The boss of a temporary recruitment company has welcomed the findings of a Government report into age discrimination in the workplace. Contributor Lorna Davidson, CEO – RedWigWam.
The report said the talents of more than a million people aged over 50 who want to work were being wasted because of “discrimination, bias and outdated employment practices”. It also said Government ministers and Britain’s equalities watchdog must be clearer that prejudice, unconscious bias and casual ageism in the workplace were all unlawful under the Equality Act 2010.
Lorna Davidson, CEO of short-term recruitment specialist RedWigWam, said: “Age discrimination should be consigned to the past. We’re against any kind of discrimination, so I support the findings of the report. It’s our policy to treat everyone fairly, regardless of their age, gender, race or sexuality.
“Many of our workers have retired from full-time permanent employment, and they come to us because they want to continue working but in flexible, temporary roles that fit in with their post-retirement lives.” The report, published this week by the Women and Equalities Committee, said the Government and the Equality and Human Rights Commission (EHRC) were failing to enforce the law on age discrimination.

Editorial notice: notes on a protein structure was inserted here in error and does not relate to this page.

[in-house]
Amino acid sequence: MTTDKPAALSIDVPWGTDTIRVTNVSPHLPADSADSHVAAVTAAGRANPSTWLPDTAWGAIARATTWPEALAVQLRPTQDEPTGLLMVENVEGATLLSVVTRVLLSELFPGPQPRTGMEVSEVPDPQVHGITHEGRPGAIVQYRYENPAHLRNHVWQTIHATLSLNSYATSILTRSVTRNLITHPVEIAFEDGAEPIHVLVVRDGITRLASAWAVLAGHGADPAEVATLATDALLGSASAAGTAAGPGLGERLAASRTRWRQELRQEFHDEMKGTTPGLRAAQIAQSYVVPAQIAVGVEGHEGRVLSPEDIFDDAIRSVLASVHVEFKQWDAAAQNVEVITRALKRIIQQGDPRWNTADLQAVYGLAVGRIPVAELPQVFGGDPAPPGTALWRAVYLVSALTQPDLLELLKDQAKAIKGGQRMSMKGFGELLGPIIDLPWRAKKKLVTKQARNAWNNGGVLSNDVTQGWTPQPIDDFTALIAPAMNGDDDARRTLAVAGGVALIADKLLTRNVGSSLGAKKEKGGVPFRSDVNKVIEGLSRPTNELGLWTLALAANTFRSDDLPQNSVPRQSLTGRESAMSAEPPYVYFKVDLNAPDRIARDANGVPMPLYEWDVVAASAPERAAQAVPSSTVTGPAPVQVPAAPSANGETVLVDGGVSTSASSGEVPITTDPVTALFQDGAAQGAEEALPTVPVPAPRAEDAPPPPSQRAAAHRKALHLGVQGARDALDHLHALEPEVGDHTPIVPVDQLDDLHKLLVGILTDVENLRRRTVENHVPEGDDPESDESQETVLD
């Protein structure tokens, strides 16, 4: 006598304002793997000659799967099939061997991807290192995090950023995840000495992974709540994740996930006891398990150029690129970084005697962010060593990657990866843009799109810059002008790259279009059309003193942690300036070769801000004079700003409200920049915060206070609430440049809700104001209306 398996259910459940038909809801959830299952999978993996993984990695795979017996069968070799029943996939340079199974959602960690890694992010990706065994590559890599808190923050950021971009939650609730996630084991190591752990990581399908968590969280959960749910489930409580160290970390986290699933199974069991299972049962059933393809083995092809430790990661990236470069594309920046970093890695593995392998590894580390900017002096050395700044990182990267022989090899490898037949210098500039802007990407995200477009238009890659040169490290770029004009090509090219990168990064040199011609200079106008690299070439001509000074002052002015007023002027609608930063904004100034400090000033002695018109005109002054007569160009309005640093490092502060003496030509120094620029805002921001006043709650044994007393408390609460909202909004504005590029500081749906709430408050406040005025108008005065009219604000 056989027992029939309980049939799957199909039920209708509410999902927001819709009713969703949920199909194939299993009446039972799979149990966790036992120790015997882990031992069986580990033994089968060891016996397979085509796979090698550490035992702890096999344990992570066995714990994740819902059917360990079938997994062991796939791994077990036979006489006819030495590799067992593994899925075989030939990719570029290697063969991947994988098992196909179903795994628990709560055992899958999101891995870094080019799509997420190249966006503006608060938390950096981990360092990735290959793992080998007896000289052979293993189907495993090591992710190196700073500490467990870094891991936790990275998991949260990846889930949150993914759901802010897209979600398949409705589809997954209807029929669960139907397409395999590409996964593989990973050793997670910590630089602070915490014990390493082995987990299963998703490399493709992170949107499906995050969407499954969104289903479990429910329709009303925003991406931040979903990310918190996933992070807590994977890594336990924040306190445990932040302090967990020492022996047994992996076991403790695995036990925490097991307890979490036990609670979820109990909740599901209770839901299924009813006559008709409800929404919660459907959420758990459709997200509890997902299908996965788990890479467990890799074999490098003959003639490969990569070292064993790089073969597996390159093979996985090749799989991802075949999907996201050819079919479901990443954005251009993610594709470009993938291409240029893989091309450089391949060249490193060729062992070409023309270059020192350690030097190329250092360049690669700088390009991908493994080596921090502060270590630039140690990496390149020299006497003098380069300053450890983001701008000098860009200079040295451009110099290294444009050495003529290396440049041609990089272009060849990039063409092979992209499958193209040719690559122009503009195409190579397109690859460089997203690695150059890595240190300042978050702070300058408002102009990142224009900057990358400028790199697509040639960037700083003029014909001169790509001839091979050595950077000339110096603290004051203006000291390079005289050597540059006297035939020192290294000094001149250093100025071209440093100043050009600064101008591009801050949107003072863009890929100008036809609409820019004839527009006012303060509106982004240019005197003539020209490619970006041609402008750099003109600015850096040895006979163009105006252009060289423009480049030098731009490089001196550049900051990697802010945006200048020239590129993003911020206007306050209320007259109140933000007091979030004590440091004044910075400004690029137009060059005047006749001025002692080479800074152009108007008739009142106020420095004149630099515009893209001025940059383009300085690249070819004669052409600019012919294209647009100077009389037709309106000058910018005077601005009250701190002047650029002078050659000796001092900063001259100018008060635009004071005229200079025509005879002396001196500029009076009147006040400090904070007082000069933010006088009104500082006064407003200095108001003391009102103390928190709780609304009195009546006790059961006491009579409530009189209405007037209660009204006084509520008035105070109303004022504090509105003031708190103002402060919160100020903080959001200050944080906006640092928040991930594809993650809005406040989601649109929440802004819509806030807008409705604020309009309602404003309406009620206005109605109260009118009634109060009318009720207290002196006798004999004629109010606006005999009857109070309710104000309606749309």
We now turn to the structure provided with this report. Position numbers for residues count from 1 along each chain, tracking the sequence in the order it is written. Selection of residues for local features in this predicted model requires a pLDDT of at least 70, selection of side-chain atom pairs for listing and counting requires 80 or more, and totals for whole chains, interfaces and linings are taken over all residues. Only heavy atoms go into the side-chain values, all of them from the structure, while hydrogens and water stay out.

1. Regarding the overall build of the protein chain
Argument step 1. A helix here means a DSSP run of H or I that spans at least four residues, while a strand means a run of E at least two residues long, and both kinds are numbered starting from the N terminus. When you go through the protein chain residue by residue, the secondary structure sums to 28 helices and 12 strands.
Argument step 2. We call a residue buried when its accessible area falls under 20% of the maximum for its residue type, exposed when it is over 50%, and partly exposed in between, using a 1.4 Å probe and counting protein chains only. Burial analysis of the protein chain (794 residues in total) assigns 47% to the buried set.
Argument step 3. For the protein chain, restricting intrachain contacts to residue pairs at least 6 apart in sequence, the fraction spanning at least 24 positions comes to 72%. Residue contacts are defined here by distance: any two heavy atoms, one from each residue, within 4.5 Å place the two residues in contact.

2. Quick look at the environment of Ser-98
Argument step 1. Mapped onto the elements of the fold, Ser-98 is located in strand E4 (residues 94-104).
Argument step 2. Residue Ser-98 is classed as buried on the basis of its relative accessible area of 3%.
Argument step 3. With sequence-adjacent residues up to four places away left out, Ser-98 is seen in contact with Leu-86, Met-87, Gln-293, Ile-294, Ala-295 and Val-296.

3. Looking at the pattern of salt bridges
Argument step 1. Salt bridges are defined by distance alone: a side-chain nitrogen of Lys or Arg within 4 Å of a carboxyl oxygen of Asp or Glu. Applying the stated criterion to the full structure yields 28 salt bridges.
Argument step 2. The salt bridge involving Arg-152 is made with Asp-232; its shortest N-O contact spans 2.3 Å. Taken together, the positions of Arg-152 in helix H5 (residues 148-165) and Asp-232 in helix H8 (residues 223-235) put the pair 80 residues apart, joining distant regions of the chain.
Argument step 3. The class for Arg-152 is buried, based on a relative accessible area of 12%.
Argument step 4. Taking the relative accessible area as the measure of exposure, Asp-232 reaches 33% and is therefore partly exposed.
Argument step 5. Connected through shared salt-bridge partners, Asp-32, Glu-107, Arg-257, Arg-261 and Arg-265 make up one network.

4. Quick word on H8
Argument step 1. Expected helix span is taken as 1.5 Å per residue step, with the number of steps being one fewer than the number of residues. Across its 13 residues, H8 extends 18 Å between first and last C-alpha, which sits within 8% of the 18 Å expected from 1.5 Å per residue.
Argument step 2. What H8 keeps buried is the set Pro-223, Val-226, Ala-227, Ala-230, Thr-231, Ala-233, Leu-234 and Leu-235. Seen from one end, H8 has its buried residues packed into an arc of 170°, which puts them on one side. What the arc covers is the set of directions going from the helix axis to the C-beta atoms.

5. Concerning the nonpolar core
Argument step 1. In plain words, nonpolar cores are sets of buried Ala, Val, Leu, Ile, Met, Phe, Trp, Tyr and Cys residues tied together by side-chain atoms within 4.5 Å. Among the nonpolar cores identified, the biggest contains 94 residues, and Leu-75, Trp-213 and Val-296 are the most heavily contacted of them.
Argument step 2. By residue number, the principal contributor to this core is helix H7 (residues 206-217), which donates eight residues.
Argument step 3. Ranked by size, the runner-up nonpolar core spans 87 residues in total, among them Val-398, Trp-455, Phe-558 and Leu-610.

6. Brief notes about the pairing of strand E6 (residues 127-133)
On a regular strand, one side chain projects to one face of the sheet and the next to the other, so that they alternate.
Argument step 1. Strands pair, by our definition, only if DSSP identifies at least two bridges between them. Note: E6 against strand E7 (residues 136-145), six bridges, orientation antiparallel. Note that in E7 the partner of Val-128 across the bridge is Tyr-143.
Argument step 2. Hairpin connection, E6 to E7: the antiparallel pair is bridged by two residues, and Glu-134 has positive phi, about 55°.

The panel of MPs called for the Government to work with the EHRC to agree specific enforcement actions across both the public and private sectors. Maria Miller, the Conservative MP who chairs the committee, said: “Age discrimination in the workplace is a serious problem, as many older people have discovered.
“The Government and the EHRC have failed to get to grips with this. They must be more robust in providing a remedy to potentially unlawful working practices in the recruitment sector.
“The business case for an age-diverse workforce is clear. Despite this, employers continue to organise workplaces around an outdated, inflexible model that this inquiry and our past inquiries into fathers in the workplace and the gender pay gap show no longer works.
“It’s time for a mandatory approach, with flexible working being the default from the time jobs are advertised onwards.”
“The age of retirement is no longer as clear-cut as it used to be,” Lorna added. “We offer jobs for retired people that can help them to keep active, while topping up their savings. They can also fit their work around their other commitments, such as caring for grandchildren or elderly relatives. Our retired workers bring with them a wealth of skills, experience and enthusiasm. And, contrary to popular belief, they are keen to learn new skills.”